Mourning Place

I had been on calls all morning, because Monday. And had had CNN on mute, because political junkie much? Wrapping up my last call for the day at about 2ish, I turned my attention back to CNN and could not believe my eyes. Notre Dame on fire.

Notre. Dame. On. Fire.


As many of you likely did, I immediately thought of my first encounter with this magnificent work of art, architecture, place…For me, that was back in 2008, during my first trip to Paris, as part of my three month stint living in Northern Italy. Just as with the first time I saw the Parthenon, the Pantheon, the Colosseum, it was surreal standing in front of a building, a place you had long-studied, long-marveled at, long-longed to see.

cathedral paris.jpeg

It seems that I - we - all have this kind of anthropomorphic love for inanimate places. All day yesterday, my Facebook feed was flooded with people posting their pics of Notre Dame, reminiscing about the first or last time they laid eyes on the medieval marvel. The sense of mourning and loss was no less real, it seems, than how we feel when we lose a loved one. The outpouring of love, support, and concern was palpable internationally, reminiscent of how the world comes together when we lose an icon (of place, no less) like Anthony Bourdain or when a tragedy occurs, like with Charlie Hebdo. At these moments, we are all connected, captivated, coalesced around one common emotion.

So it got me thinking, what does this universal commiseration mean for place? What does this common sense of loss mean for sense of place? For me, as tragic as the destruction of pieces of this world-renowned, beloved cathedral is (I’m so glad the heroic firefighters were able to save it from complete destruction), there is a lot of hope in this loss. It could not be more of a clear indication - evidence, if you will - of how important place is to us all. Place attachment (as it’s called in the “literature) is a real and important phenomenon; but it’s one we seldom pay attention to - or honor - until the place we are attached to is threatened or lost.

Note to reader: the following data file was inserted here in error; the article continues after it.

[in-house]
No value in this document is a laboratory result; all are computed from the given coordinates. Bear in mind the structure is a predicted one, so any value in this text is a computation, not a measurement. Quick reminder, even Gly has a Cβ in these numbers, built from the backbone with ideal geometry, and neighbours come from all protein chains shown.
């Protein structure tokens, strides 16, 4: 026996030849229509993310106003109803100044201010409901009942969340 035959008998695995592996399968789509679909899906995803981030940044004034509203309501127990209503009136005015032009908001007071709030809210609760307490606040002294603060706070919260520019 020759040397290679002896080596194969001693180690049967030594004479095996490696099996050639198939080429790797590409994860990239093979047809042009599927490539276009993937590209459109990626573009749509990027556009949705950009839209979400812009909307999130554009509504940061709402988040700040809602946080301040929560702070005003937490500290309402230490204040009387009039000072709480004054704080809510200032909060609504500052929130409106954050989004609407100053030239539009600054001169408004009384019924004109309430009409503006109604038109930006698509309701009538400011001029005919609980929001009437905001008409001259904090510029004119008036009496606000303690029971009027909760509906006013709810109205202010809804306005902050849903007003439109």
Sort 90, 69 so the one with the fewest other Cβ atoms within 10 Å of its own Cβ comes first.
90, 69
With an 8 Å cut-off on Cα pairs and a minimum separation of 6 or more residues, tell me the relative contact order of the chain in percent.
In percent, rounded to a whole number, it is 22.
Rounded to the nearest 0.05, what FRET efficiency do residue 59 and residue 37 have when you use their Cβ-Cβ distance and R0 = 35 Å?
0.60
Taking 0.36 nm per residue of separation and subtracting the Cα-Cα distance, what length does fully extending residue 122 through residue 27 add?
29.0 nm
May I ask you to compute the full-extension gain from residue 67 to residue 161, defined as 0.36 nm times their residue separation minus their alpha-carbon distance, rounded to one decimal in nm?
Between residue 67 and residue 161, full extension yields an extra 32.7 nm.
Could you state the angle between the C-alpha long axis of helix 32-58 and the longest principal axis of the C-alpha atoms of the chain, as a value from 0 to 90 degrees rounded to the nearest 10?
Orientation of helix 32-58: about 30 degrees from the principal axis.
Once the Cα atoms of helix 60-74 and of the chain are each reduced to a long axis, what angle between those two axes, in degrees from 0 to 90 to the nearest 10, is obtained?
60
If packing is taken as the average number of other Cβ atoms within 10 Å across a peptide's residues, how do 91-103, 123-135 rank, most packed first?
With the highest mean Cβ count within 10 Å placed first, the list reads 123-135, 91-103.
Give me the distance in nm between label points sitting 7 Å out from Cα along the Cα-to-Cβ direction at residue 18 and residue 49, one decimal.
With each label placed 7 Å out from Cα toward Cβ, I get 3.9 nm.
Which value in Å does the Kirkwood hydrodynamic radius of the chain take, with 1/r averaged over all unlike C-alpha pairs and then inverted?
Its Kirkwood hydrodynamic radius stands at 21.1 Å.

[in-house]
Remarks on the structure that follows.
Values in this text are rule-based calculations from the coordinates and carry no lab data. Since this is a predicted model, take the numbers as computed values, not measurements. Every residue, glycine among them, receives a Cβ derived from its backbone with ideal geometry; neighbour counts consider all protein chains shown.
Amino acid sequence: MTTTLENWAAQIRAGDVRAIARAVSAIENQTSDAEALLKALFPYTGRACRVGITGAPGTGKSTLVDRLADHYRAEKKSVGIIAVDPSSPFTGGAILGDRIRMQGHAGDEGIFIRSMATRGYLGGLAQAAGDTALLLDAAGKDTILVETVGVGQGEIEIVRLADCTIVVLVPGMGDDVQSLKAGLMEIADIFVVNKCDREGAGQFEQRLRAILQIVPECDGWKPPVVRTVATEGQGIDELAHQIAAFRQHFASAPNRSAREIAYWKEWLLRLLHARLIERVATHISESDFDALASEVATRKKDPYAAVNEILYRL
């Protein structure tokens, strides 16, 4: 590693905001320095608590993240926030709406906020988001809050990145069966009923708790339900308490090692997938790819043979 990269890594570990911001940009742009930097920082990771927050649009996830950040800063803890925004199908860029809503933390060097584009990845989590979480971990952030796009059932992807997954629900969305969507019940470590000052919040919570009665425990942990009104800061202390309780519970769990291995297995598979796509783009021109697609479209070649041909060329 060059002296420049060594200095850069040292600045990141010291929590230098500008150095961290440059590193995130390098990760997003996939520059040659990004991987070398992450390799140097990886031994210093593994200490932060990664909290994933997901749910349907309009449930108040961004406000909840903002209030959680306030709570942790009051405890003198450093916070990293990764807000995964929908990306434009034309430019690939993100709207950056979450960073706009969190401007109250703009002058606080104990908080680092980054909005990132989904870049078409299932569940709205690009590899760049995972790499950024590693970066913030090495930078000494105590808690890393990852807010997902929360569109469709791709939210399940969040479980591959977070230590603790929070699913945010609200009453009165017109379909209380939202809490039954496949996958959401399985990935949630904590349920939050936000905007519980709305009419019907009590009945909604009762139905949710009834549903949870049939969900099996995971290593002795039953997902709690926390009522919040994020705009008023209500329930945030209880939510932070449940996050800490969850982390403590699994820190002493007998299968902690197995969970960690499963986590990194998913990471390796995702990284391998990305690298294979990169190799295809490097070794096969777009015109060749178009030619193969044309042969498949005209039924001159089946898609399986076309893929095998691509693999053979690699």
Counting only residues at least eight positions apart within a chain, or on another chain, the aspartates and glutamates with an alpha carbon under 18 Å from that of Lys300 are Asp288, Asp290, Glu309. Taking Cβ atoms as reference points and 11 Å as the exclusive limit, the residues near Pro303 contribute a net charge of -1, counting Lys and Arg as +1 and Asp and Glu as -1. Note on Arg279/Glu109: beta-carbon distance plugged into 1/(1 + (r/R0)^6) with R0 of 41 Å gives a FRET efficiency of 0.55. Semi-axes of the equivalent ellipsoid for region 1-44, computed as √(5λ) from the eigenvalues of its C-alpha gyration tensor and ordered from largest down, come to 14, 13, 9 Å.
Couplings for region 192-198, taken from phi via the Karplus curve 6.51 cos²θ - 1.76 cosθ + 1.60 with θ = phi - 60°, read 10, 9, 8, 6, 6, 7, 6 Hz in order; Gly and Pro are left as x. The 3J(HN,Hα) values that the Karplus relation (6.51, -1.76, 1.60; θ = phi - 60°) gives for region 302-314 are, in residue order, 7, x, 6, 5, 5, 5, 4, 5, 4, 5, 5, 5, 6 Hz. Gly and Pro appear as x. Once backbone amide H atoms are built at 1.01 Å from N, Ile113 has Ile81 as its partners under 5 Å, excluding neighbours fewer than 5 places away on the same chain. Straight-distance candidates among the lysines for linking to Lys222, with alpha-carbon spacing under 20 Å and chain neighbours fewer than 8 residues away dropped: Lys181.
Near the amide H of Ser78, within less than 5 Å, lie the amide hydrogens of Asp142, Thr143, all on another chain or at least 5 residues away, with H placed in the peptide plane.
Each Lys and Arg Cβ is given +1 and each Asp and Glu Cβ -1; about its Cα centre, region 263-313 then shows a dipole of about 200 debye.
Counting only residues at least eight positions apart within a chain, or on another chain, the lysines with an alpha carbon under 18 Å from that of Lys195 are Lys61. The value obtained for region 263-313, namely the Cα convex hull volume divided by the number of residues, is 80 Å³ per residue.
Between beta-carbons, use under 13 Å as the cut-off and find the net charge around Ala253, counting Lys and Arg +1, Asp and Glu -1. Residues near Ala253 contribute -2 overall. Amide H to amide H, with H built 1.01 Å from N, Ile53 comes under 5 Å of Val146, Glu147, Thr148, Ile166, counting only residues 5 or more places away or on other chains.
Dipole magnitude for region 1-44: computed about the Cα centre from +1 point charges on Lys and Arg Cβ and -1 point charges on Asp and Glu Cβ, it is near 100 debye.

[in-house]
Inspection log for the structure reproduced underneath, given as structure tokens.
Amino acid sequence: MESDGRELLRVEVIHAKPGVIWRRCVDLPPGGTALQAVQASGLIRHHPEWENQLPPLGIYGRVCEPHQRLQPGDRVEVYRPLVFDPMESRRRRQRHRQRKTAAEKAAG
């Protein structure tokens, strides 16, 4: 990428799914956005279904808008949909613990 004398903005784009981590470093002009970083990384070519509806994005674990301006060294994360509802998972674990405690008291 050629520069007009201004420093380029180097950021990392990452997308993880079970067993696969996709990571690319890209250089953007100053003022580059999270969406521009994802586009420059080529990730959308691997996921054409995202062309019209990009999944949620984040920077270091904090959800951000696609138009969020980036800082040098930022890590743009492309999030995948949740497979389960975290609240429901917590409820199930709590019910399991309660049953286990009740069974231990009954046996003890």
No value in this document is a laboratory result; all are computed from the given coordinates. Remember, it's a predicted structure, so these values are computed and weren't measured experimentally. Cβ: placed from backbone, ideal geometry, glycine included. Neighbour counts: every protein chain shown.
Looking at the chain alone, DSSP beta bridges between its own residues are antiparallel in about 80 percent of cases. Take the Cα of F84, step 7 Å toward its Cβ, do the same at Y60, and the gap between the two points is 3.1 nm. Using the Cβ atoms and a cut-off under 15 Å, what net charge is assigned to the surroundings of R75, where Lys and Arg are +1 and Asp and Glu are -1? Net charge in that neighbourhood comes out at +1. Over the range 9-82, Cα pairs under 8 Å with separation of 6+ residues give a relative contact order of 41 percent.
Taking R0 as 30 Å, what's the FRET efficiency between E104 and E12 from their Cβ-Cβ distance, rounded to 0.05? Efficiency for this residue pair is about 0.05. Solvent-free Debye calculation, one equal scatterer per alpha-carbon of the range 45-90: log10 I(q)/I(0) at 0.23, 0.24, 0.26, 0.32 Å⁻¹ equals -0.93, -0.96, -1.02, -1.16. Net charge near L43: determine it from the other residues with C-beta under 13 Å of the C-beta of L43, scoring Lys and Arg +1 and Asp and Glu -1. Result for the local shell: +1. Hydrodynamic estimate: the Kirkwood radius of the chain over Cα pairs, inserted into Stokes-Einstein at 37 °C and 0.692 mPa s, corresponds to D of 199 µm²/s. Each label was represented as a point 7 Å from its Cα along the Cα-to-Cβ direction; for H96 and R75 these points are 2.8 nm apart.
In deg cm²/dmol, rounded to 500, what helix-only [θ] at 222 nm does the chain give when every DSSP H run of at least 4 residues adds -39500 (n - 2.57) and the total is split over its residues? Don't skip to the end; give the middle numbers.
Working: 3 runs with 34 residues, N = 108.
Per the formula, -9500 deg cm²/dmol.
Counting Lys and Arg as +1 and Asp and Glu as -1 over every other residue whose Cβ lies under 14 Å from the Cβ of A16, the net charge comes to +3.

Now clearly, in the case of Notre Dame, we all are quite aware of just how much this place means to us all - even those, or especially those, who have not visited it in person. However, what about the quotidien places? The places we interact with daily? The places that perhaps won’t ever capture the national spotlight if they were ever threatened with tragic loss, accidental or intentional? These places are just as important - and in some ways, perhaps more so - than Notre Dame to our everyday lives, to our happiness, to our experience of “beauty,” however we choose to define it. We must adamantantly defend and revere these places as well - and we must call for more of them to enter our lives. I hope that this universal sense of loss about the (thankfully potential) loss of place brings us all a little closer together in our fight for better places, from the mundane to the magnificent.

We at State of Place will continue to fight the good - data-driven - fight to ensure the place giants like Notre Dames and the everyday place “foot soldiers” are valued in every sense of that word and advocate for the yet to be birthed places that are fated to become someone’s favorite, beloved, cherished place in a way not unlike Notre Dame is for us all…

If you want to learn more about how we use data to champion - and help create - everyday amazing places, we’d love to chat or you can delve right in and start imagining the next great place today.

Mariela AlfonzoComment